Monday, August 12, 2013
Just Finished Reading … The Bitter Kingdom by Rae Carson
by Rae Carson
To be published on August 27, 2013
by Greenwillow Books
Source: e-ARC provided by the publisher via Edelweiss. Please see my full FTC disclosure on right sidebar.
Connect with the author: website | Twitter | Facebook.
Summary from Goodreads: Elisa is a fugitive in her own country. Her enemies have stolen the man she loves in order to lure her to the gate of darkness. As she and her daring companions take one last quest into unknown enemy territory to save him, Elisa will face hardships she's never imagined. And she will discover secrets about herself and her world that could change the course of history. She must rise up as champion -- a champion to those who have hated her most.
My spoiler-free take: As someone who's just started reading and appreciating YA fantasy, I've enjoyed this trilogy so much. I think that Crown of Embers is still my favorite book in the trilogy, but I also thought that The Bitter Kindgom was a fitting end to Elisa's story, with plenty of romance, heartbreak, suspense and sacrifice. As was the case when I started book two, Crown of Embers, it took me a few chapters to get myself oriented and immersed back into the story world. I could have used a little more recap. There was a lot of travel and action in this book -- plotting and hiding and fight scenes and a whole underground sequence that reminded me a lot of Indiana Jones and the Temple of Doom. I didn't feel that Elisa grew as much as a character in this book. On the one hand, I was happy that she's grown so confident, but her lack of confidence in prior books made her more relatable. I also enjoyed the addition of the new POV :)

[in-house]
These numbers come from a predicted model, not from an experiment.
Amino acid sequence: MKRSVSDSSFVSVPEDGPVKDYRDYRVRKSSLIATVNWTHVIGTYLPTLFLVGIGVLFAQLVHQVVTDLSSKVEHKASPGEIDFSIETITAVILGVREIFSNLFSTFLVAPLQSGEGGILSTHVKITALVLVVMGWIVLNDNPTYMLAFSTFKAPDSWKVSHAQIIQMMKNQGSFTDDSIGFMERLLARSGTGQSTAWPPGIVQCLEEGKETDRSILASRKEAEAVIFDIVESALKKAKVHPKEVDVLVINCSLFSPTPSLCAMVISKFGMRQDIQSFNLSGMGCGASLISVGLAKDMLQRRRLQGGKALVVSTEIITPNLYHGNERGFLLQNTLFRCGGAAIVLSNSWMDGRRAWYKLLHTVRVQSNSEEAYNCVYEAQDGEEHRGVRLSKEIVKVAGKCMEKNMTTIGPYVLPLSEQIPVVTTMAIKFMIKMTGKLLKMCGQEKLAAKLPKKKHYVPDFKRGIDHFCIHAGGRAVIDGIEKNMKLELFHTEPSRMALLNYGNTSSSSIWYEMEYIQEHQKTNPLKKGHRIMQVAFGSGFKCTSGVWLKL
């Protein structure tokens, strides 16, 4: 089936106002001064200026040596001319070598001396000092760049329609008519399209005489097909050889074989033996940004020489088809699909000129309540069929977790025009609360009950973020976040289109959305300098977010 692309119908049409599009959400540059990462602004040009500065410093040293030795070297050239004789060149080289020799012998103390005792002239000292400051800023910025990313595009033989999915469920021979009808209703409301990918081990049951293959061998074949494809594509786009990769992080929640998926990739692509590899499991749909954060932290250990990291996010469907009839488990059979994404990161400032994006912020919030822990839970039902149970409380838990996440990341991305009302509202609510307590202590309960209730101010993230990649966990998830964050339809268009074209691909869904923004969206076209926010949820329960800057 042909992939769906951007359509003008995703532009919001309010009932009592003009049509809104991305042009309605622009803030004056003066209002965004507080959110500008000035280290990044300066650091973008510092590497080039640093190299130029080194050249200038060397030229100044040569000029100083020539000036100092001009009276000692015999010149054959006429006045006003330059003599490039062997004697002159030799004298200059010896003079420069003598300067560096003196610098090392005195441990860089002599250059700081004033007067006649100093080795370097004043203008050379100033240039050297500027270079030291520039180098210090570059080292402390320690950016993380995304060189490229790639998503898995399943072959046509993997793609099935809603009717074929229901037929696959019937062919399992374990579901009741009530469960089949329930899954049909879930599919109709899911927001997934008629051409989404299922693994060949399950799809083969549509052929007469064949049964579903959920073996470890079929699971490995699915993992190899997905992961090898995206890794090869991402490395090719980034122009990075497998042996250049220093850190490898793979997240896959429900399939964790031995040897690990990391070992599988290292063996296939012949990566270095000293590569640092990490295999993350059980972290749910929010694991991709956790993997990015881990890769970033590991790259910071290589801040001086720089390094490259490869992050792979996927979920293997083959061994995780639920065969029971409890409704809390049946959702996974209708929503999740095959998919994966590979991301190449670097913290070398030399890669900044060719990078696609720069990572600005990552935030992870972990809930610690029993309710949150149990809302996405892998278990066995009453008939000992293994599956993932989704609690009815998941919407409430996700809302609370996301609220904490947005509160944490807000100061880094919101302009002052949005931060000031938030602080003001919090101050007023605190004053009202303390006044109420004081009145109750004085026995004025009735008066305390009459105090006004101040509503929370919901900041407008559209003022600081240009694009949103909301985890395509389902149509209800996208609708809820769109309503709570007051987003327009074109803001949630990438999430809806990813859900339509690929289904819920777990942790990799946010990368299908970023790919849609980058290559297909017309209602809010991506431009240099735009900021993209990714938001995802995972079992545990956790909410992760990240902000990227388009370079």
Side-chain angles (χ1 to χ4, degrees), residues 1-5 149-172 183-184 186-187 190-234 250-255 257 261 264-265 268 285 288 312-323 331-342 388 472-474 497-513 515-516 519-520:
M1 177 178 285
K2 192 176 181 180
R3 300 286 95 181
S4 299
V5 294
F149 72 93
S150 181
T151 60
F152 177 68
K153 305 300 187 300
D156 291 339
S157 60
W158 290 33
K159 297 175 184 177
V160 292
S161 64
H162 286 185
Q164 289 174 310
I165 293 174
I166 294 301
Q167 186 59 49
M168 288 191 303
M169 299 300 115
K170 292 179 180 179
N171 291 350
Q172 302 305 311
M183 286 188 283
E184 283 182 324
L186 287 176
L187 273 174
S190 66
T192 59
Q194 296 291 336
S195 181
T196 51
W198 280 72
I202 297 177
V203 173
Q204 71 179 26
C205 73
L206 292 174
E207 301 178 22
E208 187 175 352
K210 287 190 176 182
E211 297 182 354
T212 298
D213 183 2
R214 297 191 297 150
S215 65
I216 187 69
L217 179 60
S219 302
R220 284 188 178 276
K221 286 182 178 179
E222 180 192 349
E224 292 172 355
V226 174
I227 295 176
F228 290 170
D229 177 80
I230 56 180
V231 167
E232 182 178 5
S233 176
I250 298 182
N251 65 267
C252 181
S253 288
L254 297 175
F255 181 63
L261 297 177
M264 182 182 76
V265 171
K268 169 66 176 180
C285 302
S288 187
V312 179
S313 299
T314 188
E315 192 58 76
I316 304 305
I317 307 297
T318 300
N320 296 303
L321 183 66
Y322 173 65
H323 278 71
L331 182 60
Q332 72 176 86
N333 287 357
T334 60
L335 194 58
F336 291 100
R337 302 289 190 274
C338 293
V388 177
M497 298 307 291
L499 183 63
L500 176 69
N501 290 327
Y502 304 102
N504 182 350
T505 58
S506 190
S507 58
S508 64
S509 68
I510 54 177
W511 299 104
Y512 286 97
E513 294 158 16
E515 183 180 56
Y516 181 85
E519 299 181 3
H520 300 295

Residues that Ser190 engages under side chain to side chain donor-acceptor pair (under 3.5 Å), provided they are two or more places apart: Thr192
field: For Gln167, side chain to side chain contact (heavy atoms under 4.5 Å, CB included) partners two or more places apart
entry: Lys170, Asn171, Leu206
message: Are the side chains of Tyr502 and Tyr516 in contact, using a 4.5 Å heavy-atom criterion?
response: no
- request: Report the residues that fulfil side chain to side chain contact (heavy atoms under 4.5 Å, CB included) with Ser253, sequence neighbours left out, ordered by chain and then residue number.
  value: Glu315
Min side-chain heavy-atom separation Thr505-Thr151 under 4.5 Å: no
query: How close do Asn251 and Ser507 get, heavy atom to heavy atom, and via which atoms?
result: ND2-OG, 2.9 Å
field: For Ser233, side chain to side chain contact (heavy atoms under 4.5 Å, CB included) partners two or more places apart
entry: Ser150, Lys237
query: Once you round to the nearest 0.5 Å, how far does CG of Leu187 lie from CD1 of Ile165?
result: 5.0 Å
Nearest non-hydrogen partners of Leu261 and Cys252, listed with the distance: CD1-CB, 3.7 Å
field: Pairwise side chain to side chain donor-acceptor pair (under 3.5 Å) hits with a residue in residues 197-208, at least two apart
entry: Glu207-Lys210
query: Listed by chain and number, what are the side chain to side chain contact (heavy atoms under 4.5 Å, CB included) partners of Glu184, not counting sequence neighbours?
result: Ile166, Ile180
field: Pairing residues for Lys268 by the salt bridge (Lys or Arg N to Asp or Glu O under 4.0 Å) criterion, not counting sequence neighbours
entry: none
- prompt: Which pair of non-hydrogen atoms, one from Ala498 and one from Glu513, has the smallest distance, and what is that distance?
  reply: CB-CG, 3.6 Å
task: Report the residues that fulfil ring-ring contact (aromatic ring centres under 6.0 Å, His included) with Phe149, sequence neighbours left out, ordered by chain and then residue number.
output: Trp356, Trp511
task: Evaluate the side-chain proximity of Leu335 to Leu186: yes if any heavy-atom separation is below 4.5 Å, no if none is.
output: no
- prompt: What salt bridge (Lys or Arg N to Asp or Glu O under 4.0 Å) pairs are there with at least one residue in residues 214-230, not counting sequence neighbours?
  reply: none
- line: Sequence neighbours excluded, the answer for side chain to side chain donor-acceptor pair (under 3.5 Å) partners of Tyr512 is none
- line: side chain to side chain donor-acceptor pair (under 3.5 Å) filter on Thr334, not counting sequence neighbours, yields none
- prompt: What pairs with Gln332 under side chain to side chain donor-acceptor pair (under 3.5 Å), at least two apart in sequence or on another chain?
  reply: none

In order to keep this completely spoiler-free, I'll list the things I love most about the entire trilogy:
The story world
In the world of the books, there are interwoven levels of struggle. The deepest and oldest of these is over magic, a force beneath the earth's surface called zafira. As a Chosen One, Elisa is able to tap into this power through her godstone, a gem in her belly button. There's political intrigue, with rival kingdoms and monarchs and plenty of plotting and scheming, and cultural clashes. Elisa's kingdom is threatened the Inviernos -- an army led by sorcerers. All of these aspects felt very well thought-out and integrated into the story.
Elisa's character development
I love the fact that this trilogy is also the story of one young woman's growth as a person, a woman and a ruler. Over the three books, Elisa grows from a sheltered and spoiled royal to a shell-shocked queen facing loss and betrayal to a determined and focused leader. All the things that have happened to her in the first two books test her faith and her self-confidence, making her a stronger, wiser, and more compassionate person. As I said above, I think there's less character development in The Bitter Kingdom than in the other two books, but Elisa still comes a long way from book one.
The action and adventure
I'm not a reader who needs fight scenes and stuff. But take characters I care about and put them in dangerous situations, and I'm turning the pages like crazy. Elisa spends most of The Bitter Kingdom on the road and away from her palace. She's traveling with a very small party of people loyal to her -- an assassin, a lady in waiting and a failed sorcerer -- and they're trying to rescue someone very important to Elisa.
I loved that the romance in these books was not the typical YA love at first sight or love triangle. Elisa experiences all different kinds of relationships, from an arranged marriage to being a stepmother to to a girlish crush to… yes, the kind of love that might just last a lifetime.
If you are a fantasy reader, a fan of YA writers like Kristen Cashore and Melina Marchetta, you should definitely not miss these books. But if, like me, you are not a huge fantasy reader, I still think you'll find lots to love in these books. There's plenty of action, romance, and intrigue, but the books also raise interesting questions about faith, identity and justice.